New England, officials said Monday at an international energy conference at the University of
A number of projects are underway to help
move that power south, but officials from both
the United States and Canada said there is still a
need to reduce energy consumption through efficiency programs as well as expand ways to
produce clean power locally across the region.
“There is a real opportunity here between
these six New England states and the four eastern Canadian provinces to work together,” said
Aaron Annable, the acting consul general at the
Canadian Consulate in Boston.
Annable spoke at the conference at the University of Vermont entitled “Power from the
“Quebec and New England are pursuing the
same objective and facing the same challenges
raised by changes in the world’s energy market,”
said Pierre Arcand, the Quebec minister of Energy and Natural Resources. “We have geographic proximity and the values we share make
us natural partners.”
New England energy planners are looking at
ways to take advantage of the abundant supplies
of hydro-electric power available in Quebec and
other parts of Canada to help the region meet its
power needs.
David Cash, the former commissioner of the
Massachusetts Department of Environmental
Protection and Department of Public Utilities,
said the current energy thinking doesn’t go far
enough to bring in new ideas as well as new
sources of electricity, ensuring electric sources
are reliable and finding more ways of bringing
that electricity to the people and businesses that
would use it.
He said the number of transmission lines in
the planning stages should be expanded and the
region should take advantage of offshore wind
projects and the number of solar power installations should also be increased. And it should be
done in a way that allows utilities to make
money and customers to be happy as well, he
“The mix is not going to be the mix we’re
looking at here of natural gas and coal and
maybe some oil in the winter,” Cash said. “It’s
going to be hydro from Canada, it’s going to be
offshore wind from one of the best resources in
the entire world off the coast of New England
and the Canadian provinces.”
CALEDONIAN Black Cyan Magenta Yellow
TuESDAY, MARCH 24, 2015
continued from Page A1
in September 2010. Fletcher, along
with Keith Baird, 33, and Michael
“Mouse Boy” Norrie, 23, are accused of entering O’Hagan’s
Sheffield Village home at 3064
Route 122 on Sept. 10, 2010, with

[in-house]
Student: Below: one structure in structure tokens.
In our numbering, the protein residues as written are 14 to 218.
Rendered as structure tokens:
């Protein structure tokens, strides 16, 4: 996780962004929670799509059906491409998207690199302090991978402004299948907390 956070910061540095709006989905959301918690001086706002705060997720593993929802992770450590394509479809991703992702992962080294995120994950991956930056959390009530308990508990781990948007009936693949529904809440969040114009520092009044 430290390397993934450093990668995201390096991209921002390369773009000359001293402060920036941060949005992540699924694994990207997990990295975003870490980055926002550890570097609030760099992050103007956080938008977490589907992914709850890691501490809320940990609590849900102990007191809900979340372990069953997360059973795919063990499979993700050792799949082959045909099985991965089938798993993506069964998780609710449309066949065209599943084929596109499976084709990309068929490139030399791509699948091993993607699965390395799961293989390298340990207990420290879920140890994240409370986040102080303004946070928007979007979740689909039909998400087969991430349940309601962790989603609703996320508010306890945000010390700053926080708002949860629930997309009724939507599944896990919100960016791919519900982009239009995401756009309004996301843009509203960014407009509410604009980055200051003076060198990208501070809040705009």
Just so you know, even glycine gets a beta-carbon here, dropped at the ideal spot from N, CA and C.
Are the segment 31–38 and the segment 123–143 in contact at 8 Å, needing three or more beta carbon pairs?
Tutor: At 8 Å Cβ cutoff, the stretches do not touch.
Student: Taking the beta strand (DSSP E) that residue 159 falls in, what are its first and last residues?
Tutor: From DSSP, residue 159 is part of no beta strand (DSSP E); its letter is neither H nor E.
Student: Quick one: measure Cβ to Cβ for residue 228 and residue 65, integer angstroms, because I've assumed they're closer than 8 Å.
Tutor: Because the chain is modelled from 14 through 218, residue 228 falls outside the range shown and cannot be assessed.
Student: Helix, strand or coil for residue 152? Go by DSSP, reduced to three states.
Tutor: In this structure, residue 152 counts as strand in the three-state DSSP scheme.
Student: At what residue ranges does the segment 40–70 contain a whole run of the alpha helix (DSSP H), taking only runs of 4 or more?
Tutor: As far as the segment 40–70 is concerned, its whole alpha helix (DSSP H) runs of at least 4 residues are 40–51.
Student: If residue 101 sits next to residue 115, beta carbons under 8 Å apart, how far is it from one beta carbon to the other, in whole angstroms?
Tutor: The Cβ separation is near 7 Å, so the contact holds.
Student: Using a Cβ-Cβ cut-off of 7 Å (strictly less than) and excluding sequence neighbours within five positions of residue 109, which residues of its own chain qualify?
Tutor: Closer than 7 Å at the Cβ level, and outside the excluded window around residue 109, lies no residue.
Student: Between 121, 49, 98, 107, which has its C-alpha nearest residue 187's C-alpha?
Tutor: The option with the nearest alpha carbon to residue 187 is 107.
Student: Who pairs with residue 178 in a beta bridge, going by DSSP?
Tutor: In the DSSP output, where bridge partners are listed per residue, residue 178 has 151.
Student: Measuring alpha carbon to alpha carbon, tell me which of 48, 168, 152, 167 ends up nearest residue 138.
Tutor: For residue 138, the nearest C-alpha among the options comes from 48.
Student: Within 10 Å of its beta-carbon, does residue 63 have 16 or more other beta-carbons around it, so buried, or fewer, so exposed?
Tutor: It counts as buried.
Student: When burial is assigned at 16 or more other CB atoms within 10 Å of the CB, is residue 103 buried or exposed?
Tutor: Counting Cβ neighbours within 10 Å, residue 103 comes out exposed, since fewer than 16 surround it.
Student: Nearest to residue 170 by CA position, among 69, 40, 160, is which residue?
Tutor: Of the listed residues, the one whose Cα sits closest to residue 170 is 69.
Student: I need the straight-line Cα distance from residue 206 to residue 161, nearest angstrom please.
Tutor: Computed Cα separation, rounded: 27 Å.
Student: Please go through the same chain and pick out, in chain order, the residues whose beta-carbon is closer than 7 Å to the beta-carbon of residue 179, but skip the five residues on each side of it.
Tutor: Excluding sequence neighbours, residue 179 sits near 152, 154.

the intention of committing a burglary.
According to court documents
O’Hagan was then forced into her
kitchen at gun point and shot in the
Her body was found nearly four
weeks later approximately 10
miles away on Horn Road in
Wheelock on Oct. 3, 2010.
State police said an autopsy
showed a single gunshot wound to
the back of O’Hagan’s head. A
fragmented .22 caliber bullet was
recovered from her skull. All three
Photo By BrendAn KozloWSKi
Hobo’s Mansion, a team from Waterford Elementary composed of seventh graders Wilder Hud- suspects were charged in March
son and Kyle Johnson, presents a covered bridge it made to immitate other covered bridges 2014 with kidnapping and murderthroughout Vermont. Hobo’s Mansion viewed covered bridges from around the state to get in- ing O’Hagan and have pleaded not
guilty to the charges. All three are
spiration for their own design.
continued from Page A1
made out of popsicle sticks for the
event. “The Monster” a team from
Miller’s Run, made a bridge they
expected to withstand 904 pounds
of pressure, but it in fact held
nearly 1,000 pounds as it broke at
966 pounds.
Wilder Hudson and Kyle Johnson, from Waterford School, made
continued from Page A1
he had drafted to save the Derby and
Rutland PSAPs.
The budget bill with the compromise came out of committee Monday with multi-party approval, said
Rep. Catherine “Kitty” Toll, D-Caledonia-Washington, a member of the
House Appropriations Committee.
“It was a unanimous vote, that’s
just outstanding,” Toll said in a voice
mail message to The Record.
Also voting for the budget bill and
to give more time for PSAP discussions was Rep. Martha “Marty” Feltus, R-Caledonia-4.
Feltus said the bill encourages regional groups to decide how best to
provide 911 needs.
“But importantly, local/regional
groups have to decide how to pay for
the dispatch services,” Feltus said in
a covered bridge which they modeled after other covered bridges
throughout Vermont.
“This year there were a few
teams that found a couple of loop
holes in the rules, so kids are always trying to push the boundaries,” Simpson said. “Bridges are
becoming more complex. Workmanship is getting much better.”
“The bridge that held the most
weight was from Waterford, Yo
Mama’s Kids, and it held 2,541
an email message to The Record.
The language on the PSAPs
would provide a funding bridge for
a quarter of a year of $425,000 from
the Universal Services Fund on
everyone’s phone bill to keep the
PSAPs in Derby and Rutland open
until Sept. 15.
By May 15, Flynn would be required under the bill to review the
number of PSAPs needed in Vermont, the number of dispatching positions needed, the cost per position
and ways to improve the services.
And the E911 Board would have
to look at the E911 call taking system and make a recommendation as
Any agreements about the funding and future of the Derby and Rutland PSAPs would have to be in